Arizonans, are we going to just take this outrageous manipulation of our Children’s lives and future?!

      STOP Common Core!!!

  8. How incredibly intolerant and discriminatory. Yet another group of self-serving nazies who tolerate only the opinions of those who agree with them.

    It should be no surprise to anyone that private and charter schools are experiencing unprecedented growth, slowly shifting state school funds back into the hands of schools that more accurately reflect the values of caring parents.

    If you have kids in public schools and you don’t like their direction then you should take the time to check out some of our many excellent charter schools. When you find one you like, move your children and their state funding will move with them. Eventually there won’t even be enough money to pay H.T. Sanchez’s paltry salary. Leave them no students to govern. That’s the only way to get there attention.

  9. Stupid autocorrect! Their, not there! Sorry!

  10. Why hasn’t Governor Ducey come out and said anything about this? Wasn’t he the one that got this whole thing started in the first place? Who put together this committee? My understanding is that is was the governor’s office. What do they have to say about it? And why haven’t the committee members been coming out against the State Board of Education for passing them up?

  11. Looks like Diane is a 1 term educational superintendent?
    You sold out you’re voters out and will repay you Come election time.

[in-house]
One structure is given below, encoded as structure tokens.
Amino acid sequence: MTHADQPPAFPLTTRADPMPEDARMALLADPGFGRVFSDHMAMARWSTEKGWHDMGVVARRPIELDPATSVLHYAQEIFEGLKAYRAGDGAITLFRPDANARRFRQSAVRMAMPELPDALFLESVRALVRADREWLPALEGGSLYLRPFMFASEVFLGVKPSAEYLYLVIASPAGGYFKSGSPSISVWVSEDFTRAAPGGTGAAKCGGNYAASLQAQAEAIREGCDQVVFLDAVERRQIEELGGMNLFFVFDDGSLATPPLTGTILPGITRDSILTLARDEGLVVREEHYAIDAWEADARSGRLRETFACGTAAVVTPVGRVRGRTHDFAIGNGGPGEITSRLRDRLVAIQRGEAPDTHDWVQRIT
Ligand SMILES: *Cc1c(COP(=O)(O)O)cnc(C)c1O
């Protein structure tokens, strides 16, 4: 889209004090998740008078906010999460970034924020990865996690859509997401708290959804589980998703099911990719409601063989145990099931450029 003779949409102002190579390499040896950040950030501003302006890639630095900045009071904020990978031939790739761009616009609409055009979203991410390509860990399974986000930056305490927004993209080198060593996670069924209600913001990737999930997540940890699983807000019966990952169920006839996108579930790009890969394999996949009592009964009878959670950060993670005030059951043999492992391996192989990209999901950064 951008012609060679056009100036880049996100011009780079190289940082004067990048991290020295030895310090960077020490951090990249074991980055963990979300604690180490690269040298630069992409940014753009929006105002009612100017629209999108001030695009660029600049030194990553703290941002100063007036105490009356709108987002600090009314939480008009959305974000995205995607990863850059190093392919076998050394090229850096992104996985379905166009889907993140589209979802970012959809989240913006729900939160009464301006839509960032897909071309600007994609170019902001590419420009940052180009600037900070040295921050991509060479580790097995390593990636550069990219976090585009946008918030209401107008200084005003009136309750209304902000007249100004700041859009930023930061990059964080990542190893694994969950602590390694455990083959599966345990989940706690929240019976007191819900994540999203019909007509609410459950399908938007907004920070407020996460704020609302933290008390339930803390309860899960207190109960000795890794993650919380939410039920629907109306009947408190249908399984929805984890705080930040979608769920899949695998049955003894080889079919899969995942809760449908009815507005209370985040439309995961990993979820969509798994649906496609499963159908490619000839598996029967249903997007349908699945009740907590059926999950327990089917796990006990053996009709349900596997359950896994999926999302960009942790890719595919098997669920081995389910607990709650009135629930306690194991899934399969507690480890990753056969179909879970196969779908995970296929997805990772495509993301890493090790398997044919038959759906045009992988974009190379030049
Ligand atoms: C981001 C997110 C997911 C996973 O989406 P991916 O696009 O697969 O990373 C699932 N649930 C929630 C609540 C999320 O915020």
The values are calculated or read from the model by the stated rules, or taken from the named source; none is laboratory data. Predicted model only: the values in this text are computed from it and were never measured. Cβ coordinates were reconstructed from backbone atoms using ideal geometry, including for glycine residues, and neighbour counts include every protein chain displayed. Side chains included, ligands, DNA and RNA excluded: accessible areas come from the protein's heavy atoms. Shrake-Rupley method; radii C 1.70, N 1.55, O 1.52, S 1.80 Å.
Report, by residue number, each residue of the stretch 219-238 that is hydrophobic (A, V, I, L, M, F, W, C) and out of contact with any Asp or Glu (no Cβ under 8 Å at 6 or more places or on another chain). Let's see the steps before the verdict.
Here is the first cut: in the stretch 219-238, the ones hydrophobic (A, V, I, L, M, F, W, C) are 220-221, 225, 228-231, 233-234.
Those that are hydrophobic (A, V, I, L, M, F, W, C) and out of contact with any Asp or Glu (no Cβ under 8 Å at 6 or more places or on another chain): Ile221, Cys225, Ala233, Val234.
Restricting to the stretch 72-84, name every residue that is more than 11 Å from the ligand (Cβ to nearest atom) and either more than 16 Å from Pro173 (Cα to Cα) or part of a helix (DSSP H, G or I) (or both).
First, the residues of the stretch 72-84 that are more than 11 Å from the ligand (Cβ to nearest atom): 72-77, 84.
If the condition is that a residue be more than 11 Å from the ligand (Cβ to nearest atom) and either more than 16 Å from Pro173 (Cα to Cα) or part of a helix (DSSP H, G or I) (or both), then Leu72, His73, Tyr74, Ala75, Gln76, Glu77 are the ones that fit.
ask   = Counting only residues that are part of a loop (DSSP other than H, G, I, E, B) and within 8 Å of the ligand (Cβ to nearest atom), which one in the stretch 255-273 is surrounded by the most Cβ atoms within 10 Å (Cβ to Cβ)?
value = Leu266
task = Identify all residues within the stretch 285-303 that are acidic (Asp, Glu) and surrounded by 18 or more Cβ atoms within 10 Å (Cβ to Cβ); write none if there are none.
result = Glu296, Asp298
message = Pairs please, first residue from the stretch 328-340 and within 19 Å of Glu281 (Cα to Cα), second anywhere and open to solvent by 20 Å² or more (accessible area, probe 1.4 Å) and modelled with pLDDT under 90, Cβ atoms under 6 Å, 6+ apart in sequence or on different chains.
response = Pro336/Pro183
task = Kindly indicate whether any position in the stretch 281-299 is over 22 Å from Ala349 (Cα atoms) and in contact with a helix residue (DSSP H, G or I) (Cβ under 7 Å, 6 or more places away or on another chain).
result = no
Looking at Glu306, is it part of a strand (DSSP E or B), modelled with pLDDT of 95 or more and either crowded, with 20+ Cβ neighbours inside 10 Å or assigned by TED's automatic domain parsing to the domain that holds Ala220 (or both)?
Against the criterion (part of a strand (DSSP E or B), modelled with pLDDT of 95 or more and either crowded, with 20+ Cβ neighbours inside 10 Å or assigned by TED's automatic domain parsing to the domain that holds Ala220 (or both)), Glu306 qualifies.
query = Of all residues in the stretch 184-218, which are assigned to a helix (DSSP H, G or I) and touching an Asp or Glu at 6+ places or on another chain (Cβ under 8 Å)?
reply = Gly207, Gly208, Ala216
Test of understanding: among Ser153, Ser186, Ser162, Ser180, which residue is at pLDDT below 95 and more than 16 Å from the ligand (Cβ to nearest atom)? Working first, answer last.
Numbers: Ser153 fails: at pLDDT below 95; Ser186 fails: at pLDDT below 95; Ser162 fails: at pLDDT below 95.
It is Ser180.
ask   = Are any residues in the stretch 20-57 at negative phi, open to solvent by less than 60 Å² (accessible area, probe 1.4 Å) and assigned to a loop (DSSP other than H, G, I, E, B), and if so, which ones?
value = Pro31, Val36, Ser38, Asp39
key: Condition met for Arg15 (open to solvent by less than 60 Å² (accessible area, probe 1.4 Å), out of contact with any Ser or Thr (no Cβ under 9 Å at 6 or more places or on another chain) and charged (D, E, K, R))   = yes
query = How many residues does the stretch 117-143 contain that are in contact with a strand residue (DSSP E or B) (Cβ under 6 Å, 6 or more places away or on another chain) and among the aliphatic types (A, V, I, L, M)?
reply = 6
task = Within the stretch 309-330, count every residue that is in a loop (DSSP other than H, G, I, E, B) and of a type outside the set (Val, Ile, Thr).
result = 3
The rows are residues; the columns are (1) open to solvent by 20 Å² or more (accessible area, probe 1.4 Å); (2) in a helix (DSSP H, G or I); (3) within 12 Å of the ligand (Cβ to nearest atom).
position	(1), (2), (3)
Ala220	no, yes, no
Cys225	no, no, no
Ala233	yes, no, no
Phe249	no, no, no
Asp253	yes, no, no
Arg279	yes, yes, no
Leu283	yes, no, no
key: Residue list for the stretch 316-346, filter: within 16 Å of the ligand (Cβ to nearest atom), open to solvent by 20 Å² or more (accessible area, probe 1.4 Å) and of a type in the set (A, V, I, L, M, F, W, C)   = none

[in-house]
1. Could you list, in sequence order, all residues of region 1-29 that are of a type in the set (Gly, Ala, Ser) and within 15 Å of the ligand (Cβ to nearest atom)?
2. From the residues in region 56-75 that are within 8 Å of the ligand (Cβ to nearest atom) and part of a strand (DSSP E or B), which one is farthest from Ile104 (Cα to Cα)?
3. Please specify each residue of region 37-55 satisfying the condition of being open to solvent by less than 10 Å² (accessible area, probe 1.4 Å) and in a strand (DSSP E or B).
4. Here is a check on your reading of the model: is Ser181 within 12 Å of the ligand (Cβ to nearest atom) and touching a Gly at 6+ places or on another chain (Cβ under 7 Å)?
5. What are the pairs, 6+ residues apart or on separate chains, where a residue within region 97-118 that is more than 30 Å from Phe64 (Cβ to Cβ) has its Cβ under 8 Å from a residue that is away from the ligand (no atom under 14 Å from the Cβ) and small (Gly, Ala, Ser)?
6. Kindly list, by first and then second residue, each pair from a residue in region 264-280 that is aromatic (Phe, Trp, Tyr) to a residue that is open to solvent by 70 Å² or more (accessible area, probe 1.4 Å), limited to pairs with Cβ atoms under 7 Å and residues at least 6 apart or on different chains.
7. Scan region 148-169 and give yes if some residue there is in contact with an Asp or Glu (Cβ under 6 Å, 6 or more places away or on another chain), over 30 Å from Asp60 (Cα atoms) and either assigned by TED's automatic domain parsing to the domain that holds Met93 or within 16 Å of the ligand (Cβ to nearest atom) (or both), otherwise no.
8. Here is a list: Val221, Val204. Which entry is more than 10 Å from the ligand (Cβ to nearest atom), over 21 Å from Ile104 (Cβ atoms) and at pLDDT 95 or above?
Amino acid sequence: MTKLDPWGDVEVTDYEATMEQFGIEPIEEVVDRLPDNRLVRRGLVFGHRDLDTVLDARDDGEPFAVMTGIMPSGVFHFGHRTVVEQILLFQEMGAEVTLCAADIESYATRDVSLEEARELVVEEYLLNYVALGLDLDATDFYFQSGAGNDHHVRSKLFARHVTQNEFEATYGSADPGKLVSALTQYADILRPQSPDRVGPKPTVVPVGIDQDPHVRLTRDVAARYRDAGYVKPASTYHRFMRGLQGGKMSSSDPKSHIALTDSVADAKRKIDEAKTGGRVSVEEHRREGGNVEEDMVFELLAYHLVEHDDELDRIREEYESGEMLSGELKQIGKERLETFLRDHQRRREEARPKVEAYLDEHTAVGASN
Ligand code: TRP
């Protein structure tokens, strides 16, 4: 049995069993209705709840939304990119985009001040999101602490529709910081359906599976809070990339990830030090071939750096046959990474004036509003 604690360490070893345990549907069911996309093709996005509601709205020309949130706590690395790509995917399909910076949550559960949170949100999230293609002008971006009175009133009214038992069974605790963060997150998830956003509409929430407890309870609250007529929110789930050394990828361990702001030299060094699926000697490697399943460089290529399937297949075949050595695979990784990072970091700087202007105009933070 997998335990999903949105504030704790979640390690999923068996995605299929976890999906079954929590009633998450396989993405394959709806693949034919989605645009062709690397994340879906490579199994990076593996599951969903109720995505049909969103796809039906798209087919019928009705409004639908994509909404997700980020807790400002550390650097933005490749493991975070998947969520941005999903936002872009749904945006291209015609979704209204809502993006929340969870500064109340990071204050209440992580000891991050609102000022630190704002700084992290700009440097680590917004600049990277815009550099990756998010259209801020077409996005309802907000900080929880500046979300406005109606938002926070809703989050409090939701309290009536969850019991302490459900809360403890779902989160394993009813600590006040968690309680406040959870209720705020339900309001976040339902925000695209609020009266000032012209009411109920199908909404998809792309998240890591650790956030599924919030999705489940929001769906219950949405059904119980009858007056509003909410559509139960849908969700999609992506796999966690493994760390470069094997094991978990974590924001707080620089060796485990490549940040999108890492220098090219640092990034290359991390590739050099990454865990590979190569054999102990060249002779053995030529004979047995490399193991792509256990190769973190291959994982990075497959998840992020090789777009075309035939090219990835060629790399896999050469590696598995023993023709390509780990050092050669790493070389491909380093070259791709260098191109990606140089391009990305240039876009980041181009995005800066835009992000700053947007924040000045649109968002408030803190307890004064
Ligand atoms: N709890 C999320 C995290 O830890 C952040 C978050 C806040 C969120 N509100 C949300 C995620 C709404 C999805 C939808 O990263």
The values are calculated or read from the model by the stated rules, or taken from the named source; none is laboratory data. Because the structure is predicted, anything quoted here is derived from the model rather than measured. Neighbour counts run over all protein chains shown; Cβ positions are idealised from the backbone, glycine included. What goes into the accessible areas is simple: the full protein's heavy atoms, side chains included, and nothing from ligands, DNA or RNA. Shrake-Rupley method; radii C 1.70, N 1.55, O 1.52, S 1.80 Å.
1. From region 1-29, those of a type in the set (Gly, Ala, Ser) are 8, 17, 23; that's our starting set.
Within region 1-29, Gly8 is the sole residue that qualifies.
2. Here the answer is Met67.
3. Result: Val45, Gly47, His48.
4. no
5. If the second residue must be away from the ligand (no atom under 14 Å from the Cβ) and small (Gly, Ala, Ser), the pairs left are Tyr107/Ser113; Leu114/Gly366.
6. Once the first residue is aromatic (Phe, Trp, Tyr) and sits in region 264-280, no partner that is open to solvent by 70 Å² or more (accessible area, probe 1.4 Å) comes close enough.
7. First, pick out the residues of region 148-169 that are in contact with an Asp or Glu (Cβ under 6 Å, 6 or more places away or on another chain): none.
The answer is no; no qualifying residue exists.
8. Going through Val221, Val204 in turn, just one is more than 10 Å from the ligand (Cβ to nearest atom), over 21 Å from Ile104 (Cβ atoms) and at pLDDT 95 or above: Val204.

12. Diane Douglas showed herself to be a complete coward throughout this process despite issuing a press release promoting herself as some sort of heroine. She ran her campaign on one issue and only one issue: eliminate Common Core and return local control of education. When you run on a single issue, you better damn well implement your agenda flawlessly. Instead, she turned her back on the people who got her elected in the first place. Diane Douglas just hung herself with her own rope. She won’t be re-elected and I, for one, will work tirelessly to make sure she doesn’t.

  13. I’ve been around long enough to know what happens next.
    Professional development which includes a toolkit of talking points, an elevator speech about how great these new standards are, and a template of a sample letter to tell our parents how great these new standards are. There are a few new items in the standards, but not much has changed.

  14. Working Man Blues | December 22, 2016 at 2:27 pm |

    and the beat goes on. AZ Public education will continue to find themselves behind the 8 ball when any parent who is paying attention to their kids public education is left to stay in their district of record or move on. Common core is a disaster. Plain and simple Washington power grab. Some will tell you it is the greatest thing since slice bread. I say hog wash. When 2+2 doesn’t equal 4. Enough is enough. Vote out Diane D and get a real reformer in the state superintendent office. The DOE should abolished and control returned to local control.